New York City, NY Ferryboat WESTFIELD Explosion, July 1871

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We give below the opinion of an old engineer of thirty years experience. He has thoroughly examined the exploded boiler. He finds the iron to be in very good condition, free from scale, and capable of sustaining double the amount of pressure stated by the engineer at the time of the explosion. He would ask, "Was the engineer hurt?
Were any of the firemen killed or wounded?" The engineer says he was in the boiler room a few minutes before the explosion, tried the water, and found three cocks. He also says he asked the fireman how the water was. He replied, "All right." Our informant contends that no living being could have been in the fire room at the time of the explosion without being torn to shreds with the enormous pressure required to rend a boiler as this one is torn. His candid opinion is that there was but little water in the boiler, and that when the pump was put on, the natural consequence was a tremendous pressure of gas generated far beyond the strength of the metal. If he had the three cocks of water, and had more steam than was necessary, where was his safety valve to carry off the excess? Report says the valve did not work.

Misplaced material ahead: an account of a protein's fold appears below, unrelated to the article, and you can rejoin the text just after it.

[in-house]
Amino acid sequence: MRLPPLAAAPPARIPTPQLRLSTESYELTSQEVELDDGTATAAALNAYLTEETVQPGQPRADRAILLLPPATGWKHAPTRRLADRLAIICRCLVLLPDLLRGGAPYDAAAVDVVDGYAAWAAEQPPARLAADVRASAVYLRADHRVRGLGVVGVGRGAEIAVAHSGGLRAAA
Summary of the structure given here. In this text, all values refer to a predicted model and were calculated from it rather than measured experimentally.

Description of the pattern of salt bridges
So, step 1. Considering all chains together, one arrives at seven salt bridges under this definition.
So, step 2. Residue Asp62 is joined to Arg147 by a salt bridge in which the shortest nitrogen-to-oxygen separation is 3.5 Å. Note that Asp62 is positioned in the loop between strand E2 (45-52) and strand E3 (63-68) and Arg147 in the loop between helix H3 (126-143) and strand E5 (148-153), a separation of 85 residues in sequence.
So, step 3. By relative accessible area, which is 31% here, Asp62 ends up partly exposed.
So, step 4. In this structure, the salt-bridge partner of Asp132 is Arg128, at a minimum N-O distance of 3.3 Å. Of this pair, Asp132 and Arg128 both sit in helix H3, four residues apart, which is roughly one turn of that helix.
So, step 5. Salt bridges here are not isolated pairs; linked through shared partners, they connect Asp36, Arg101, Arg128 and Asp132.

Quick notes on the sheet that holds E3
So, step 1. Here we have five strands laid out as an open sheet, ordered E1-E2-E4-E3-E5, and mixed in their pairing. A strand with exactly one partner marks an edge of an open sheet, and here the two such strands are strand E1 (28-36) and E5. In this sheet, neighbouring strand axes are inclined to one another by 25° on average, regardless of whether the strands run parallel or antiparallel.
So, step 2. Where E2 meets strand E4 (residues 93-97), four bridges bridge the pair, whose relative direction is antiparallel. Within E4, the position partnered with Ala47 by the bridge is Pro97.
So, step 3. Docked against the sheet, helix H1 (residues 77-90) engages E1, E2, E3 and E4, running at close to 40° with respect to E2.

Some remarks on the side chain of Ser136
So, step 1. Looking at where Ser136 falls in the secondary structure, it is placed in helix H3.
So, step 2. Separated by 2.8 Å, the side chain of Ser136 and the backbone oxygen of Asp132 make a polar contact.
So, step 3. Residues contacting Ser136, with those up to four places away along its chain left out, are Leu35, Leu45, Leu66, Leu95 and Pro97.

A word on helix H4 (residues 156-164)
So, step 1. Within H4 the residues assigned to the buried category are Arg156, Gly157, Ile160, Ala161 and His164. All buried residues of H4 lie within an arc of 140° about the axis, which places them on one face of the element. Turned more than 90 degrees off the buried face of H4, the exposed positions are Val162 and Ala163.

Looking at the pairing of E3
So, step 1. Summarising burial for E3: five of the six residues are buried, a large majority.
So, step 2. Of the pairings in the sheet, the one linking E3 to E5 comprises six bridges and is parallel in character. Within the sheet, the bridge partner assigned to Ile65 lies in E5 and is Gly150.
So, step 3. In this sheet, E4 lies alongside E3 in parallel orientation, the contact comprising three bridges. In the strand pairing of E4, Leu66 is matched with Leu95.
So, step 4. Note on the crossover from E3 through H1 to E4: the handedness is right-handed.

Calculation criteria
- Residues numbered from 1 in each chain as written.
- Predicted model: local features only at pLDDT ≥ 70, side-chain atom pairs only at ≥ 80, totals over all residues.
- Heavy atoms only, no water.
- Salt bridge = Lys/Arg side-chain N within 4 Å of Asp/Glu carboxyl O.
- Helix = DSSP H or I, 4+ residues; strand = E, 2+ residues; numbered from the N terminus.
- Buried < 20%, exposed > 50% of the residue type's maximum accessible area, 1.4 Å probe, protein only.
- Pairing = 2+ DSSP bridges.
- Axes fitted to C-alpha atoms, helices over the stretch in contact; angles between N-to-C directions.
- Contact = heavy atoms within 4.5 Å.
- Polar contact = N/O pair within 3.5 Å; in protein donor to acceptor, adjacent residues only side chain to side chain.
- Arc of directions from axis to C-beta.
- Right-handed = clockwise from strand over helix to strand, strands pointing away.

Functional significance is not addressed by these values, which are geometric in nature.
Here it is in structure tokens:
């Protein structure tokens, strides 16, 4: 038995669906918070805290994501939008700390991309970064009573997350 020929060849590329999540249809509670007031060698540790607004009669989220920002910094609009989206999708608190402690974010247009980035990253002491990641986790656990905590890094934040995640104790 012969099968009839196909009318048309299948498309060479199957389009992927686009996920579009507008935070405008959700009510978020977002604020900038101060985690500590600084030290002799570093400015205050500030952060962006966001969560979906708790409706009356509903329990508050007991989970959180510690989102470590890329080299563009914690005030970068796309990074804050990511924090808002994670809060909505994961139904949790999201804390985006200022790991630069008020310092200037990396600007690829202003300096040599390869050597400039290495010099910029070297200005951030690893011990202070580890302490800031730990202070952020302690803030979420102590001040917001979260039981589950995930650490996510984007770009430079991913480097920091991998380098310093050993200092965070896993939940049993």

If so, he was doubly culpable in not removing the difficulty.
GEORGE ELSAESSER, his wife and four children, three boys aged respectively 16 years, 12 years, 9 years, and a little girl aged 5 years, occupy apartments in a tenement house at 74 First Avenue. They all atarted for Staten Island Sunday, and were unfortunate in catching the fatal boat. But one out of this whole family escaped uninjured; that is the second eldest boy. The eldest boy was killed and is now at the Morgue, the youngest boy is lost, and as no tidings have been received is no doubt drowned; the little girl, whom the neighbors all speak of in the highest terms, is placed beside her brother, while the father and mother are both in the hospital scalded in a frightful manner.
Close by lay another coffin containing the body of a little girl, one of the ELSASSER family. The lid was removed in order that her grandfather and her little brother might identify her before removing her. The head of the corpse was so terribly scalded that the least touch would have caused the whole scalp to drop off. On Sunday the whole family, consisting of the mother and five children started for Staten Island. In the explosion four of the children were killed outright and the morther was blown into the water. The only child left alive, a little boy twelve years old.

Barnstable Patriot Massachusetts 1871-08-08

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